BRAVE NEW WAY OF DO­ING BUSI­NESS

As fi­nan­cial ser­vices firms make sig­nif­i­cant in­vest­ments in tech­nol­ogy, they’re cre­at­ing new ways for you to serve your clients

Investment Executive - - BUILDING YOUR BUSINESS - BY FIONA COL­LIE

new tech­nolo­gies, from ar­ti­fi­cial in­tel­li­gence (AI) to in­creas­ingly in­ter­ac­tive com­mu­ni­ca­tion tools, are set to change the way you, as a fi­nan­cial ad­vi­sor, run your busi­ness and build re­la­tion­ships with your clients. And that change is com­ing soon.

“[This year], both the ad­vi­sors and the clients of wealth-man­age­ment firms are go­ing to see some of the fruits of the in­vest­ments that have been made in these emerg­ing tech­nolo­gies,” says David Hurd, leader in Ernst & Young LLP’s wealth and as­set-man­age­ment ad­vi­sory prac­tice in Toronto.

These tech­nol­ogy in­vest­ments come in many forms, in­clud­ing part­ner­ships with fin­tech firms, such as robo-ad­vi­sors, and in­vest­ments in in­no­va­tion hubs that are de­vel­op­ing new tech­nolo­gies such AI, a branch of com­puter science ded­i­cated to sim­u­lat­ing hu­man be­hav­iour.

These in­vest­ments al­ready are lead­ing to in­no­va­tive com­mu­ni­ca­tion and fi­nan­cial plan­ning tools. And each of these changes will, in some way, al­ter the way you con­duct busi­ness, from client com­mu­ni­ca­tion to the au­to­ma­tion of mun­dane ad­min­is­tra­tive tasks.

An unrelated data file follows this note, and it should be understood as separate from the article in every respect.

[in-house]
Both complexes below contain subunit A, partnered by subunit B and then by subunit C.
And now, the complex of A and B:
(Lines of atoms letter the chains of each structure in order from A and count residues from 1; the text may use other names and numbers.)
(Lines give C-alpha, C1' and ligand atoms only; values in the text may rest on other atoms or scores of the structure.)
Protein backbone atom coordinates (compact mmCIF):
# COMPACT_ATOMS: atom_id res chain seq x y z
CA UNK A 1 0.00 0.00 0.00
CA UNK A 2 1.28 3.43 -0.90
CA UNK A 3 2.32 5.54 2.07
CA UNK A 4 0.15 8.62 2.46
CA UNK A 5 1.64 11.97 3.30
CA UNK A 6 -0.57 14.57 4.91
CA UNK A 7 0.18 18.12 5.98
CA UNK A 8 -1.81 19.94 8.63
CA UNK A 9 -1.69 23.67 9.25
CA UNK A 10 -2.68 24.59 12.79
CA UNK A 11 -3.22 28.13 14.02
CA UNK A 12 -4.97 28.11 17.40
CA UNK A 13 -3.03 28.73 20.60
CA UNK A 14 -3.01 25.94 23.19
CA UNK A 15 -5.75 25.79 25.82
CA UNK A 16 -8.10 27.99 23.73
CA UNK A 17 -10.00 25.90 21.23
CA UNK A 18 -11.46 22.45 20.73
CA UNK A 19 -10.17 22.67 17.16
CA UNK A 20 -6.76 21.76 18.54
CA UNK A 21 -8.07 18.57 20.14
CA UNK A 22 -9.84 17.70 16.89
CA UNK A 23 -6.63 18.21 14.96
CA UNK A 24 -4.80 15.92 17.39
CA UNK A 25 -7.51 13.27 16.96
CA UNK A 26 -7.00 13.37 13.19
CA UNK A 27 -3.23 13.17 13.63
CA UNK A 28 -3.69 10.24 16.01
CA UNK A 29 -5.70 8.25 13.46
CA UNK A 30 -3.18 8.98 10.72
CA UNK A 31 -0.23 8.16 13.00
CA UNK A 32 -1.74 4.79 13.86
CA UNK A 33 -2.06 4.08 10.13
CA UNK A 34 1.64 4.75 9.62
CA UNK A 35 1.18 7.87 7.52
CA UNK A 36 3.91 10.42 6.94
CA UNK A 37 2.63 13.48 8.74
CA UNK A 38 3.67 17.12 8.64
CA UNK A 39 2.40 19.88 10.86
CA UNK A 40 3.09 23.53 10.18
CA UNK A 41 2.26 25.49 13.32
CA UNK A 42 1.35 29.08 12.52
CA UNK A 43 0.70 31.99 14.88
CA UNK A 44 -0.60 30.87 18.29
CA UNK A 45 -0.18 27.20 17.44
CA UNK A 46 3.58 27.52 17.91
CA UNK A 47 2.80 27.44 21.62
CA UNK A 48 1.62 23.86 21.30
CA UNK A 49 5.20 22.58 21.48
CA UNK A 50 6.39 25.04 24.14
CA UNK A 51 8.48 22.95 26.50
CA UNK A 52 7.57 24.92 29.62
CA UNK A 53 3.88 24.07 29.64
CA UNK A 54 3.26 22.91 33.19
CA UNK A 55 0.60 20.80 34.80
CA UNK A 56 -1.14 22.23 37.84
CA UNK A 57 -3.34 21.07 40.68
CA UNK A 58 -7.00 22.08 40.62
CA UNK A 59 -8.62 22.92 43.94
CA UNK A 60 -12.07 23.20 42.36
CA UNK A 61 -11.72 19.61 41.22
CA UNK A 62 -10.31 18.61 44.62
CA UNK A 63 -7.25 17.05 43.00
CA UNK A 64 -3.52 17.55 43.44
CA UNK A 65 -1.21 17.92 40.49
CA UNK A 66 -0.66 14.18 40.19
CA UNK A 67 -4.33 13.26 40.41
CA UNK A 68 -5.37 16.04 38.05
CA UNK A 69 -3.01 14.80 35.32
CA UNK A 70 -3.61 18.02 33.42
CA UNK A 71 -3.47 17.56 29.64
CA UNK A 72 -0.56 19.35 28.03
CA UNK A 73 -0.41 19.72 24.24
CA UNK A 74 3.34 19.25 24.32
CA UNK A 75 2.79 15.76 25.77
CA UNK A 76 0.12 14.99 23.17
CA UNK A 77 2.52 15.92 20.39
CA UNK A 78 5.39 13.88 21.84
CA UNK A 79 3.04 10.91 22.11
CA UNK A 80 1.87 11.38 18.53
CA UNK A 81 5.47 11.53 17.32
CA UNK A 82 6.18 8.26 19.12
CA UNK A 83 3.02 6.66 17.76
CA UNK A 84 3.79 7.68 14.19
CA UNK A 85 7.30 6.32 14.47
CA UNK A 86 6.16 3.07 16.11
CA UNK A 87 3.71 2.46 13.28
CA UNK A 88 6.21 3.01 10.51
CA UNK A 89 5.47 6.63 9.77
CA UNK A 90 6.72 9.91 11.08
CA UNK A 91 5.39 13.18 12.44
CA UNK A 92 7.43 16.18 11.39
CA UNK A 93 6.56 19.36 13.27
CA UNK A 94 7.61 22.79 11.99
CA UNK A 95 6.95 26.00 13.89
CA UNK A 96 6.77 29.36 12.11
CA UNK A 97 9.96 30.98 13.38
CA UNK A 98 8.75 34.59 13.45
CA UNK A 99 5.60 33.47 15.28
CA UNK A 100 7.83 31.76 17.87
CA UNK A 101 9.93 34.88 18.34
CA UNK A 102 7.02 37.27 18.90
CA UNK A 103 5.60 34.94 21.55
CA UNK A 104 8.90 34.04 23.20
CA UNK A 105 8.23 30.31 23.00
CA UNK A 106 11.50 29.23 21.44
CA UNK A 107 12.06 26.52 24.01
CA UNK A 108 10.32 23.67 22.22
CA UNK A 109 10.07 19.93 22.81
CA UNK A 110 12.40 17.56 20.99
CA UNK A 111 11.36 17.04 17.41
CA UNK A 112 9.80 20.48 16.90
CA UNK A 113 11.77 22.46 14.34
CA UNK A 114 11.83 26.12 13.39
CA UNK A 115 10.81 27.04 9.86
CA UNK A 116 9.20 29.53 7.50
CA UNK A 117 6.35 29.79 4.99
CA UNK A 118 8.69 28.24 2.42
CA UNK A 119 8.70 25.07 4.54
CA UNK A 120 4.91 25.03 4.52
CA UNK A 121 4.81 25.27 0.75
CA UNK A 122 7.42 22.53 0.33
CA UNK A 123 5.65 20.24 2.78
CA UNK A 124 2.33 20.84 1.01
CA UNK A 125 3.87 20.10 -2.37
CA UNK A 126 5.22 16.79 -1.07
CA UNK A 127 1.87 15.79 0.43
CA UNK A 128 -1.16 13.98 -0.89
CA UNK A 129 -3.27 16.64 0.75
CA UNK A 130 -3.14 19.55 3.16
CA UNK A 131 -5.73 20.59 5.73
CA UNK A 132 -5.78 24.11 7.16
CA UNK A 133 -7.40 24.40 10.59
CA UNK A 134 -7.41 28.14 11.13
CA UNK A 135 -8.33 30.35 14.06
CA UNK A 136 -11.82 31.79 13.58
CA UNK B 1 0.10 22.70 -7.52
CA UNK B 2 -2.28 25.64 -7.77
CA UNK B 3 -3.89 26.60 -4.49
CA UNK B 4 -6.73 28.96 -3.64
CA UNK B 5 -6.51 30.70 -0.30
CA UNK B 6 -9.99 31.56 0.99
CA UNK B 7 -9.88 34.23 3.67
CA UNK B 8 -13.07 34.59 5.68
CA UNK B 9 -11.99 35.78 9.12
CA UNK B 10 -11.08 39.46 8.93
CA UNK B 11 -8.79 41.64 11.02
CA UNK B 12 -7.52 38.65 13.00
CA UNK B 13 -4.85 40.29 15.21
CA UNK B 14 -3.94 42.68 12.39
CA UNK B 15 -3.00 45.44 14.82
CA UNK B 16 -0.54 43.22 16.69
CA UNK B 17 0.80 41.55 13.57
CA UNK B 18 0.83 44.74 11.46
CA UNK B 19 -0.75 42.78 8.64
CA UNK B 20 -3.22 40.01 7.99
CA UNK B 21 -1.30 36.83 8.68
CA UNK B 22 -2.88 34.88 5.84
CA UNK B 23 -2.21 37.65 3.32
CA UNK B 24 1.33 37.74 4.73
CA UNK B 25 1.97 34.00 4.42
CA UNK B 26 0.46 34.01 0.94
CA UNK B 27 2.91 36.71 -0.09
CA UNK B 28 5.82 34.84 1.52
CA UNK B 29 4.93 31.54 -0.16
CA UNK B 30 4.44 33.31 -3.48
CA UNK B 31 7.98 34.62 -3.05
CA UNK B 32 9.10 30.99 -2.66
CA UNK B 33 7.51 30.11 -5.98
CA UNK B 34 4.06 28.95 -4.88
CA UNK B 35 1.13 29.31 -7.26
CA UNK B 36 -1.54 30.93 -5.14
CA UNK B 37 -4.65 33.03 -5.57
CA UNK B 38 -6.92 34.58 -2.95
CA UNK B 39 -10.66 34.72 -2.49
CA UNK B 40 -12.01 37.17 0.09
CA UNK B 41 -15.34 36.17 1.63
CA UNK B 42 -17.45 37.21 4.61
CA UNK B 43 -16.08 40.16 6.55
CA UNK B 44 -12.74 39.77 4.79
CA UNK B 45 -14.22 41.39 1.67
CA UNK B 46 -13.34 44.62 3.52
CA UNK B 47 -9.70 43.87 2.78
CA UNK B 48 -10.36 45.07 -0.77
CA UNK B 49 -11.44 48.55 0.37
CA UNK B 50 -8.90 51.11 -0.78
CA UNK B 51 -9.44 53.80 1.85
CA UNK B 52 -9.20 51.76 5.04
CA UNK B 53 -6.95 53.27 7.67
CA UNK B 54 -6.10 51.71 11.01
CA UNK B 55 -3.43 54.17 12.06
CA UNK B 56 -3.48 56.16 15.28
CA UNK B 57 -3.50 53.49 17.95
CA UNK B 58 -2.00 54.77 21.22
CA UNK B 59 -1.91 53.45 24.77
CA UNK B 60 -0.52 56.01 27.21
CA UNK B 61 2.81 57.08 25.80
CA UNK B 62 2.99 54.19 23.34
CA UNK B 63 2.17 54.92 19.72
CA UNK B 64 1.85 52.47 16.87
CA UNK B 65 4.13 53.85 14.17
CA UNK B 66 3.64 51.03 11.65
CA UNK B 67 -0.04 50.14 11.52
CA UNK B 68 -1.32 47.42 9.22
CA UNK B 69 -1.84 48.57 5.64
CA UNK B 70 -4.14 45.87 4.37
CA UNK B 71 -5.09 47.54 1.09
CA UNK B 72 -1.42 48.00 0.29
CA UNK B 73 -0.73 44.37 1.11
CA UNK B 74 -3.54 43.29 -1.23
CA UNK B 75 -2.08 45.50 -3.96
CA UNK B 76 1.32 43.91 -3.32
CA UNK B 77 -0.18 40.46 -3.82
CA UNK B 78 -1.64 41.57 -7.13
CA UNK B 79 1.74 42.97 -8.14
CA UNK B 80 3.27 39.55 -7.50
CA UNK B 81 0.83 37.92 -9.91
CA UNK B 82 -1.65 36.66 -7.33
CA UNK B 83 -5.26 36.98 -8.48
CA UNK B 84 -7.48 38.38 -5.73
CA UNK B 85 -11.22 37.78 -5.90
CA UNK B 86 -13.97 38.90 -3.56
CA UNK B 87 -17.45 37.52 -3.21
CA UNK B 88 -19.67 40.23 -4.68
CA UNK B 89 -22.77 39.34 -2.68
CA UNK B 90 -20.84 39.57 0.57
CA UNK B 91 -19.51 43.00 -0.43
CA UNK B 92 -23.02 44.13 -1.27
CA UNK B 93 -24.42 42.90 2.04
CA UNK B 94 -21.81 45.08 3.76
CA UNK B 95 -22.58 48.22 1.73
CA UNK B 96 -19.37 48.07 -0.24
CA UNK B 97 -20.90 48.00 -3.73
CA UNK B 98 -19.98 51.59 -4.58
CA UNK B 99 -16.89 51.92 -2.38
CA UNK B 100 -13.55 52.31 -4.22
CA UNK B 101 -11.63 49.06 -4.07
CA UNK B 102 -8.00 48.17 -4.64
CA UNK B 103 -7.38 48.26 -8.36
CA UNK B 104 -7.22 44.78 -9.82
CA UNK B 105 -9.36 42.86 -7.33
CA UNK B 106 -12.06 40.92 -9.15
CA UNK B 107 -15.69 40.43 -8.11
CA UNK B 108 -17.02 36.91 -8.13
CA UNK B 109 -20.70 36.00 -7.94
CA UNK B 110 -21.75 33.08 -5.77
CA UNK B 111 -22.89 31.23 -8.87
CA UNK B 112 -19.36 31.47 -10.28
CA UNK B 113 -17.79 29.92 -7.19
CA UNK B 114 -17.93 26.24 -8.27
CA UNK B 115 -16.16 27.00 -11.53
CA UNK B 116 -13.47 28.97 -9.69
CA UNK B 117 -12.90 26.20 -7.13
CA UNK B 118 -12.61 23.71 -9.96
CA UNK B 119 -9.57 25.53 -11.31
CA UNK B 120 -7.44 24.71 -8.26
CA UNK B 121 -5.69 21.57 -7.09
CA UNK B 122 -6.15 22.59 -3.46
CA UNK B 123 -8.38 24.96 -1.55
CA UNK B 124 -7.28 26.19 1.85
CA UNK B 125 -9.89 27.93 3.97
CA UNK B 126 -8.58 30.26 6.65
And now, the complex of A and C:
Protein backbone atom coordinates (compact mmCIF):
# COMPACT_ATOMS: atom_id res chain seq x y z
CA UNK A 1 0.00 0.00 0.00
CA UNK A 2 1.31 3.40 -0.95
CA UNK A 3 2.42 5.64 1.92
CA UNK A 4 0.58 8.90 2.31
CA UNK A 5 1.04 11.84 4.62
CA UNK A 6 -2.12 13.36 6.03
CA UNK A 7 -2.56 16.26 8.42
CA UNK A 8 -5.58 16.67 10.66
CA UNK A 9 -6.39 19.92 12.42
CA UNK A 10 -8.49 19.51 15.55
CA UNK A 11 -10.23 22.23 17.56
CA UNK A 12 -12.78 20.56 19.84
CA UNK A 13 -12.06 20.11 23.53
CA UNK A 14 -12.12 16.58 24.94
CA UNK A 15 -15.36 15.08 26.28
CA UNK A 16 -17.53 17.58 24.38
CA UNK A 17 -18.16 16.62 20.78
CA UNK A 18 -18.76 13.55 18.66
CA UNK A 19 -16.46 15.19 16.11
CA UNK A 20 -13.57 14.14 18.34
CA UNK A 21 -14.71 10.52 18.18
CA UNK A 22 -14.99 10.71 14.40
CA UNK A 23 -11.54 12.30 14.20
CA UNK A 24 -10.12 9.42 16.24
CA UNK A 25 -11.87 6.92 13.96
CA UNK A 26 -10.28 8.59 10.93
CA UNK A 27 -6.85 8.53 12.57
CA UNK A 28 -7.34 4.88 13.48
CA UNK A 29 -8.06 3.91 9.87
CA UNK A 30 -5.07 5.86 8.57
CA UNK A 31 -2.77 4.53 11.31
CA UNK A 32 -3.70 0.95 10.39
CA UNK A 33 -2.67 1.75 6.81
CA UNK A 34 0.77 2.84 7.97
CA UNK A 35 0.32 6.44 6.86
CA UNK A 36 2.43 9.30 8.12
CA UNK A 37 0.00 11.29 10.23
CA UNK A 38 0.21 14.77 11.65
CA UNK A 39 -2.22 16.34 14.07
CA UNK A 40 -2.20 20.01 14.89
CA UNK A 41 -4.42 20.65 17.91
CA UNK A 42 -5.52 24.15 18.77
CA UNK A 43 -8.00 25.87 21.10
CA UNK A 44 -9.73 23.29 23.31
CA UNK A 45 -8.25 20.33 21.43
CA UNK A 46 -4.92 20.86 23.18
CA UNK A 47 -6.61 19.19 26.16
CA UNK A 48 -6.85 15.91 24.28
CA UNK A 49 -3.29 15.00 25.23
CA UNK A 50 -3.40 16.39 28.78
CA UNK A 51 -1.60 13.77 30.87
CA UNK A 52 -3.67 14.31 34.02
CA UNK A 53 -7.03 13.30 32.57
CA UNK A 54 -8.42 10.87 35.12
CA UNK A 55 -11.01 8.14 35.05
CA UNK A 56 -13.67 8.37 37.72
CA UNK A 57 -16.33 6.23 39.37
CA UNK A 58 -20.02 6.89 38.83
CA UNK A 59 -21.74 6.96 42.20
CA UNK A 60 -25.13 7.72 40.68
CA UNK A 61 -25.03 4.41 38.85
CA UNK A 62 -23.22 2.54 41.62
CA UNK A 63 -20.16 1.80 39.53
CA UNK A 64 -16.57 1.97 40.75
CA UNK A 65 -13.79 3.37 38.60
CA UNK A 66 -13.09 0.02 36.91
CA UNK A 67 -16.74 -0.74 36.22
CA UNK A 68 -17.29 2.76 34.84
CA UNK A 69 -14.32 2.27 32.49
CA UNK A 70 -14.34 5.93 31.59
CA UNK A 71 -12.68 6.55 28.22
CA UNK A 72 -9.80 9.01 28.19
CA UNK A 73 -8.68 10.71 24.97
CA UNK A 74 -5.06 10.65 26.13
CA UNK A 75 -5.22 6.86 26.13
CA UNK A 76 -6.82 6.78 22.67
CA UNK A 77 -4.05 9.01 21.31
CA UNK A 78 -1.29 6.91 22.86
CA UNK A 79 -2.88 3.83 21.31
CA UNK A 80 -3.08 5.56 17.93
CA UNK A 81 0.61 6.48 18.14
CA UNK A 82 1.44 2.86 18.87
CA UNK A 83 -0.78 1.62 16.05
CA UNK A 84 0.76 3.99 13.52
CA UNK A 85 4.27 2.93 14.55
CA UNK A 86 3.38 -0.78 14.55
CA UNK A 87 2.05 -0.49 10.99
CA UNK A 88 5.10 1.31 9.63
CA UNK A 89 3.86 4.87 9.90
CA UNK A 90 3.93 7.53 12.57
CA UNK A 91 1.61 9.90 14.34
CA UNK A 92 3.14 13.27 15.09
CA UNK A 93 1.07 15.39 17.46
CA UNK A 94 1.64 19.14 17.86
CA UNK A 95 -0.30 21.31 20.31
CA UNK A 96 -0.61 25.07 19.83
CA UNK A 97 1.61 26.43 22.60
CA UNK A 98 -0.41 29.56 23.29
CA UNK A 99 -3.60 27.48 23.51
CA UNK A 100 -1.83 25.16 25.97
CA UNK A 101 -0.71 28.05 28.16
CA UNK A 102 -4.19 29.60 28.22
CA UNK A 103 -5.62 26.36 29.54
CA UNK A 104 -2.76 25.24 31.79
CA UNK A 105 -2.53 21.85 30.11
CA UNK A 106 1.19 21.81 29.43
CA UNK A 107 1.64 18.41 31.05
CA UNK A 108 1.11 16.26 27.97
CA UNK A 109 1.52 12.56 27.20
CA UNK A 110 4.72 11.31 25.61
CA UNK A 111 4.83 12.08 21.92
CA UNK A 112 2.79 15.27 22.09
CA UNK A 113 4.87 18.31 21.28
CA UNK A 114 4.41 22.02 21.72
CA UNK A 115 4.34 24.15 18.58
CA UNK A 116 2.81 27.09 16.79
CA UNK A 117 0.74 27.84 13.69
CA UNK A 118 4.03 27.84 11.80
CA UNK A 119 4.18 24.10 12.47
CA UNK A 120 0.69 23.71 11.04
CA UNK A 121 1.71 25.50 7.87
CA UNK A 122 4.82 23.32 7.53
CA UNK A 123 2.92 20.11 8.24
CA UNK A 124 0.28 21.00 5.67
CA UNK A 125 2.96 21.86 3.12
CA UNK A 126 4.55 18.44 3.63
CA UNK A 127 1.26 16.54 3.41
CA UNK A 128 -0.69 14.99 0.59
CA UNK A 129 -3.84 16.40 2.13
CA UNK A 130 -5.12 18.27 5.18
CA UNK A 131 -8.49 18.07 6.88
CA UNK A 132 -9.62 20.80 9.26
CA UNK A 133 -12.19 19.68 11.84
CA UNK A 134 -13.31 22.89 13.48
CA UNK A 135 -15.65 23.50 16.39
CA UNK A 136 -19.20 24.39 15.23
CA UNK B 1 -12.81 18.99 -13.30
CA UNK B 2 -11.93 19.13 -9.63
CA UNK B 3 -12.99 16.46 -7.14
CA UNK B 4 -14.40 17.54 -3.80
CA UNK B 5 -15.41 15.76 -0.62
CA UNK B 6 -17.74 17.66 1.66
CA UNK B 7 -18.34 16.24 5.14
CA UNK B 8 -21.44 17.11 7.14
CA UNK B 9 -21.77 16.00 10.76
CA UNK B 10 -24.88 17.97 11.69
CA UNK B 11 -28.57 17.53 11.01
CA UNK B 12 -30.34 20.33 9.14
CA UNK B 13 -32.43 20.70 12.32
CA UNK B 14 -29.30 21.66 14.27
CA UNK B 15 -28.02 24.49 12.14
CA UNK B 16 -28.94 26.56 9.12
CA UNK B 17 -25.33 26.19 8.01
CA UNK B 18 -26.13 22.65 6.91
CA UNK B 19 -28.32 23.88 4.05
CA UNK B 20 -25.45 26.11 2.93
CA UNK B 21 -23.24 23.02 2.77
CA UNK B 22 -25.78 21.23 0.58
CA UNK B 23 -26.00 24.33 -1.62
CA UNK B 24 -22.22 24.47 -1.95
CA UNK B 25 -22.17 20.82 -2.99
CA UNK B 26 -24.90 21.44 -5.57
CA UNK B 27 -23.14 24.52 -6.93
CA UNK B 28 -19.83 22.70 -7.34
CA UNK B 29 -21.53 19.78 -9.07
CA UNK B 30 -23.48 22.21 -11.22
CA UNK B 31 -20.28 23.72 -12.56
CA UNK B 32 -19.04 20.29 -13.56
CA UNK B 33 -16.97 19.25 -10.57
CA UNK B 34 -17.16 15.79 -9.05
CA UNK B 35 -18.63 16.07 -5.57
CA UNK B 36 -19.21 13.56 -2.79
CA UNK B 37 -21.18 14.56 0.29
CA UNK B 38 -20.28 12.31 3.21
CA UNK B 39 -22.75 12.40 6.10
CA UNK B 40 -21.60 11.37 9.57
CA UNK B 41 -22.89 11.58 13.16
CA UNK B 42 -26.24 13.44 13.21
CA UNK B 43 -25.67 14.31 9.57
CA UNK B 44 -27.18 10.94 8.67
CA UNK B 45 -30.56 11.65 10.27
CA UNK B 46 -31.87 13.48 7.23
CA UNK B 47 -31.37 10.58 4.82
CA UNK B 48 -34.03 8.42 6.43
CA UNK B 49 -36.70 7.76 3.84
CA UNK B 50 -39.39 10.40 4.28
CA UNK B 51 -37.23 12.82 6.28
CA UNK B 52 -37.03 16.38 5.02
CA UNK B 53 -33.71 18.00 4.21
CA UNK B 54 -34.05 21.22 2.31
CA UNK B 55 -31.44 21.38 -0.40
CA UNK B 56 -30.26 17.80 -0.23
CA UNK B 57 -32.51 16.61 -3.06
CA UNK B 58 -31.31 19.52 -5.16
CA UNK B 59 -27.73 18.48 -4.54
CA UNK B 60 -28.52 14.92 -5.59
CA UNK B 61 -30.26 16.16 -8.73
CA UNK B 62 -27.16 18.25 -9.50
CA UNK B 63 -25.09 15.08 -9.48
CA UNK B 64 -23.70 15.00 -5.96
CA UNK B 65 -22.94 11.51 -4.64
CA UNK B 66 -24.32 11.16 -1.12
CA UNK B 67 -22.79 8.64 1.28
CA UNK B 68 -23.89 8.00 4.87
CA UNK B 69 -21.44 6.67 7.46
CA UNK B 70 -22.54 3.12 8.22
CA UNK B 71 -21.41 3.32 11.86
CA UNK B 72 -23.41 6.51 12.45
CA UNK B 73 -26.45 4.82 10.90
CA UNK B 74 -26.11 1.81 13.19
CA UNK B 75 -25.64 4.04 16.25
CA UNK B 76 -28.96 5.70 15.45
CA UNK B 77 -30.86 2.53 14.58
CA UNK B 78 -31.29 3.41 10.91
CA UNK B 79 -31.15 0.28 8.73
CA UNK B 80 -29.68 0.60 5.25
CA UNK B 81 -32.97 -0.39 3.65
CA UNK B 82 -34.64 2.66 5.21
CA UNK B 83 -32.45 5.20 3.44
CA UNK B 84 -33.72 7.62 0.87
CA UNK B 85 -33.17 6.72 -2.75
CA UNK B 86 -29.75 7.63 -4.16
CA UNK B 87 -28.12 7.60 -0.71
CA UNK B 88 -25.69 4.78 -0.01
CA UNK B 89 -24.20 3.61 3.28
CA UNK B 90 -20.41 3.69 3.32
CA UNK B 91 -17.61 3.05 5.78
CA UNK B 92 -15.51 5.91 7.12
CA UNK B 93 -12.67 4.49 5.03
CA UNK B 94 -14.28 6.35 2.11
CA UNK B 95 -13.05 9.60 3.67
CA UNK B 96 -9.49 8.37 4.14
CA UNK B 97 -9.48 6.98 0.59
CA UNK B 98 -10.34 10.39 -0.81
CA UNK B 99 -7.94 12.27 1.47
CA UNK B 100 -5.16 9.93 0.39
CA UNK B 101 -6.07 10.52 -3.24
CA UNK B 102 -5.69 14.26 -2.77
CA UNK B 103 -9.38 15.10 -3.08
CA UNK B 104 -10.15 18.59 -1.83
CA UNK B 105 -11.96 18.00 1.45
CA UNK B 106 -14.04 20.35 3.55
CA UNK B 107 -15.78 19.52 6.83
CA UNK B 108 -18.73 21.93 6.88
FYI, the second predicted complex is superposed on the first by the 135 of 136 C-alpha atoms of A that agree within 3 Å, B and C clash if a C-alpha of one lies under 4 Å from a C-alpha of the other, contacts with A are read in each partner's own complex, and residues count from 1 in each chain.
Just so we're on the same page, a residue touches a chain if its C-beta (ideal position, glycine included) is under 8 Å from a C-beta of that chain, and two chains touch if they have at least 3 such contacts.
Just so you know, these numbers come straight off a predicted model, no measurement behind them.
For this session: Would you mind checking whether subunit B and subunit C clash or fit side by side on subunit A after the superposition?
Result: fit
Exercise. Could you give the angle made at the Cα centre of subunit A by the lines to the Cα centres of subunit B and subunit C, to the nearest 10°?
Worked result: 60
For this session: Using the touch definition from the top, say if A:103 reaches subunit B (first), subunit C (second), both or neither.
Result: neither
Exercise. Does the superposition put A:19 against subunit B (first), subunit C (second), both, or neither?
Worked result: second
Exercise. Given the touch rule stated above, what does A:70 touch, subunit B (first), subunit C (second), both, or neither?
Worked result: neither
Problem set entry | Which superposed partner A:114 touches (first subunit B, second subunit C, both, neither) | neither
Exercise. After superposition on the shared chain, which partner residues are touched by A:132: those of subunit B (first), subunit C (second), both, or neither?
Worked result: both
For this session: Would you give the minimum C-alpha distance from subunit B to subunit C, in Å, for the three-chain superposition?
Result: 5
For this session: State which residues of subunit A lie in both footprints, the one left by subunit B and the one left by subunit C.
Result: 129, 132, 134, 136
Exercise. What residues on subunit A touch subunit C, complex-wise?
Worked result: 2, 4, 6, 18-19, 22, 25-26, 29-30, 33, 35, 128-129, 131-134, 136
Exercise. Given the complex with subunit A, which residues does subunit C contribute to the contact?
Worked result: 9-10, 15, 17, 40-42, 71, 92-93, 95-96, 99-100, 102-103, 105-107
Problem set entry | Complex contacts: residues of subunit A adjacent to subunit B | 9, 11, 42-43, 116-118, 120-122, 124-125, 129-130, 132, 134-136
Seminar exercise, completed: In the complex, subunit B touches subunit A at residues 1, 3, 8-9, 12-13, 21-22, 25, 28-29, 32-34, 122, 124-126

Toronto-based Toronto-Do­min­ion Bank (TD), for ex­am­ple, l aunched a new fea­ture this month that au­to­mates the cre­ation of client tax pack­ages — a task that ad­vi­sor teams typ­i­cally per­form man­u­ally.

Fi­nan­cial ad­vi­sory firms are fo­cused more than ever on us­ing data an­a­lyt­ics to gain in­sight re­gard­ing cur­rent and prospec­tive clients and their in­vest­ments. To that end, fi­nan­cial ser­vices in­sti­tu­tions are in­vest­ing in AI.

TD, for ex­am­ple, ac­quired Layer 6 Inc., a Toronto-based AI startup,

in Jan­uary. As well, Toronto-based Royal Bank of Canada (RBC) has made sev­eral in­vest­ments in this area, such as the launch of Bo­re­alis AI, a re­search in­sti­tute with labs in Toronto, Wa­ter­loo, Ont., Mon­treal and Ed­mon­ton. Fur­ther­more, all the Big Five banks are fi­nan­cial sup­port­ers of the Vec­tor In­sti­tute for Ar­ti­fi­cial In­tel­li­gence, a non-profit in­sti­tute ded­i­cated to AI re­search that’s co-funded by the fed­eral gov­ern­ment and busi­nesses.

A big part of what AI can do is gather and an­a­lyze large vol­umes of data from sev­eral sources, in­clud­ing so­cial me­dia and web­browser ac­tiv­ity, pub­lic re­ports and news sto­ries. Such in­for­ma­tion could give you a bet­ter un­der­stand­ing of your clients’ over­all per­sonal and fi­nan­cial sit­u­a­tion and point to­ward op­por­tu­ni­ties to talk to your clients about their fi­nances.

But while tech­nol­ogy is use­ful, tech­nol­ogy at this level of so­phis­ti­ca­tion raises some del­i­cate ques­tions. For ex­am­ple, AI could alert you that a client re­cently vis­ited your web­site and down­loaded sev­eral ar­ti­cles about buy­ing a home. You could use this in­for­ma­tion to start a con­ver­sa­tion about home own­er­ship with that client or send her tai­lored in­for­ma­tion elec­tron­i­cally. The ques­tion is: “Will that client ap­pre­ci­ate such a ges­ture, or will she view it as a vi­o­la­tion of her pri­vacy?”

“The key is to not be creepy about [us­ing the data],” says Chris Burke, vice pres­i­dent of dig­i­tal so­lu­tions and sales en­able­ment, with RBC’s wealth-man­age­ment divi­sion.